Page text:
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The purpose of this proposed study is to conduct a randomized double-blind placebo controlled trial assessing the benefit of nabilone in pain management and improvement of quality of life in patients with phantom limb pain.. Our Hypothesis is that the synthetic cannabinoid Nabilone will significantly reduce the phantom limb pain and improve quality of life, compared to the placebo controlled group. This will be evident by finding significant differences in Visual Analogue Scale pain scores, frequency of phantom pain episodes, the Depression, Anxiety and Stress Scale, and the Groningen Sleep Quality Scale and daily prosthetic wearing time. ...
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The evolution of the modern artificial limb is the subject of the Christmas lecture at the University of Greenwichs Medway Campus on Wednesday 13 December.. Professor Peter Kyberd, Head of Engineering Science, is talking about the technological advancement of artificial limbs and there will be live demonstrations of some of the technology that goes into make a bionic man. The event is part of the Faculty of Engineering & Science public lecture series.. Artificial limbs are some of the oldest medical devices created by mankind. It is an exciting field and Professor Kyberd has a wealth of experience in designing, programming and testing artificial limbs.. "It is an engineering challenge to make limbs that are practical for the wearers; they must be compact, useful and cheap enough to be widely fitted. This is not always easy," he says.. "In recent years our image of artificial limbs has changed from the fearsome hook and peg-leg of the seafarers of old to the modern prosthetic supermen of ...
PATIENT PRESENTATION Your patient is a 72-year-old male with a left transtibial amputation. His surgery was done 3 days before. He has an 18-year history of insulin-dependent diabetes mellitus (IDDM). He was diagnosed with Chronic Obstructive Pulmonary Disorder (COPD) 2 years ago. He presents in a semi-recumbent position in the hospital bed with his left limb supported on three pillows. His limb is wrapped, but you can see drainage on the outer layer of the bandage distal to the knee. He is receiving IV antibiotics and pain medication. He is also receiving supplemental oxygen via a nasal cannula.. ...
List of published articles and documents from the Disabled World Prostheses and Prosthetics: Artificial Limbs News and Information category
I lost my leg in late 2005. And after the initial weeks of healing and recovery, I quickly got a socket that worked well for me. I wore the prosthesis all day long, mastered my day to day life by myself and mostly by walking and public transport and after a bit more than three months I was back on my job, full time, with long travels to Asian and African countries. I was active, I was fine, I was happy and content. But for the last 5 years I have had more and more problems with my residual limb. The volume changes throughout the day, throughout the week, throughout the month. A socket I find almost impossible to get into in the morning almost falls off in the afternoon. A socket that gives me great foot placement even off the beaten track and allows precise footwork on mountain paths on one day, hardly gets me around the house the next day. As I love to be active and independent, the issue of finding a well-fitting socket has been on my mind for a long time. I changed from a pure vacuum system ...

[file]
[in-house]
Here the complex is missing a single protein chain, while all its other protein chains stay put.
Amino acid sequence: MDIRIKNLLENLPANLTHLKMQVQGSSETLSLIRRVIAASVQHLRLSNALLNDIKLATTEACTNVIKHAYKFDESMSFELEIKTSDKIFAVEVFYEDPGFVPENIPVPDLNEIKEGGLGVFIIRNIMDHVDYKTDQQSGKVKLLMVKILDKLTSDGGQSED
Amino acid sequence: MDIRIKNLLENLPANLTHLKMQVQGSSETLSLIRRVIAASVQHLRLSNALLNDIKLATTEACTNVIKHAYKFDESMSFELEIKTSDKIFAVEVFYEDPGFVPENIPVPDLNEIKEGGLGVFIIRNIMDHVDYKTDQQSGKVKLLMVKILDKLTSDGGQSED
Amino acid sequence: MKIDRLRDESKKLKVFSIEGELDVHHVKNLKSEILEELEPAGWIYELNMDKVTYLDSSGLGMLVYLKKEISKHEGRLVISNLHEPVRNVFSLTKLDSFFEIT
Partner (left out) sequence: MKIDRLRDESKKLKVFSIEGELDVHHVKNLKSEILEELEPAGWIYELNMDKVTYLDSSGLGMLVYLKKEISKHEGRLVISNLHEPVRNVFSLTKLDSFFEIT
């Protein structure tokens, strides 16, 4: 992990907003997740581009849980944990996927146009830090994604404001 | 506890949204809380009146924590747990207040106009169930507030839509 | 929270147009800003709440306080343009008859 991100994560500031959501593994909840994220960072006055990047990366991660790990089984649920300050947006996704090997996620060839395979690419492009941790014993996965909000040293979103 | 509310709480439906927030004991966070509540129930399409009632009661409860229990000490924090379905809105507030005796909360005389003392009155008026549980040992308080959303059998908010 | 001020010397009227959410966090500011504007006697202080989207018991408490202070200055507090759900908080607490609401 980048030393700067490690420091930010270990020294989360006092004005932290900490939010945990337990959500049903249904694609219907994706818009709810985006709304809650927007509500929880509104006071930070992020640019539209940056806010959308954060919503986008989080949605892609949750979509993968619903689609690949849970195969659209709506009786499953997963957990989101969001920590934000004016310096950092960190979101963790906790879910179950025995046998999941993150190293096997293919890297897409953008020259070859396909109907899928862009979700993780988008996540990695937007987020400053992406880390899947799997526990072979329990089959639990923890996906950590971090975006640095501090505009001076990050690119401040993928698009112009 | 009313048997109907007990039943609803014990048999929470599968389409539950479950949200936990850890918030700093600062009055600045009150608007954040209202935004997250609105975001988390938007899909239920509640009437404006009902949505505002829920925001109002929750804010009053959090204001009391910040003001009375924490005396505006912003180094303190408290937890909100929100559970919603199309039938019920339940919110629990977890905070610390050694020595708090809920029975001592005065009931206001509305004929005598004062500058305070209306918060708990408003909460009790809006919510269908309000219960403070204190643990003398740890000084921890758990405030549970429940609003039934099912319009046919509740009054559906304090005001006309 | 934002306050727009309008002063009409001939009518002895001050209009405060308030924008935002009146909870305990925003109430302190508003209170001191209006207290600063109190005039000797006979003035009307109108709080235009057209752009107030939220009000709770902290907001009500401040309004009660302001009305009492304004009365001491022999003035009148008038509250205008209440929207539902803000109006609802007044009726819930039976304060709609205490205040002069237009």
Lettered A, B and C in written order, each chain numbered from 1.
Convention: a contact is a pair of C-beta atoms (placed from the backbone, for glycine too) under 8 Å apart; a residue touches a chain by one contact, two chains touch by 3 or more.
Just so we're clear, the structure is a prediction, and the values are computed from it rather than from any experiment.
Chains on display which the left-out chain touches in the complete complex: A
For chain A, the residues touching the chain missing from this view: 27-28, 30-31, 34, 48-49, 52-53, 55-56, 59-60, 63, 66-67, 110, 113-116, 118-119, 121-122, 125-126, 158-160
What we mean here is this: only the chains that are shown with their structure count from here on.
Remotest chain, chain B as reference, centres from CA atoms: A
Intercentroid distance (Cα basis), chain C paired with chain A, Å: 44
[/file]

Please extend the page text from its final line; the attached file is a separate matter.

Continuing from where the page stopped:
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... and amputation stumps are affected less frequently. However, various species of filarial worms tend to affect different parts ...
The bloody stump on the end of her arm, signifying a traumatic amputation. It transpires that she is on the run from powerful ...
A flap used to cover an amputation stump. ICD-9-CM. 86.7. ...
Stump - Stump, George Liquor's family doctor, prescribes amputation as treatment for various ills. Harvey Whiteman, the Barber ...
A flap of skin was saved, and stitched to the stump to cover the wound. There were two types of amputations, primary and ... The primary amputation was done between 24-48 hours after the injury. The secondary amputation was done after a longer period ... The most common battlefield operation was amputation. If a soldier was badly wounded in the arm or leg, amputation was usually ... Amputations had to be made at the point above where the wound occurred, often leaving men with stub limbs. ...
46:1540-8. PMID 14213413 Wrist and Forearm Amputations. emedicine Digital Amputations. emedicine YouTube video of a patient ... The prerequisites for the operation are a stump over 10 cm long from the tip of the olecranon, no elbow contracture, and good ... Eventually she stopped using them because she chose to use her bare stumps as pincers. She explained that being able to feel ... The Krukenberg procedure, also known as the Krukenberg operation, is a surgical technique that converts a forearm stump into a ...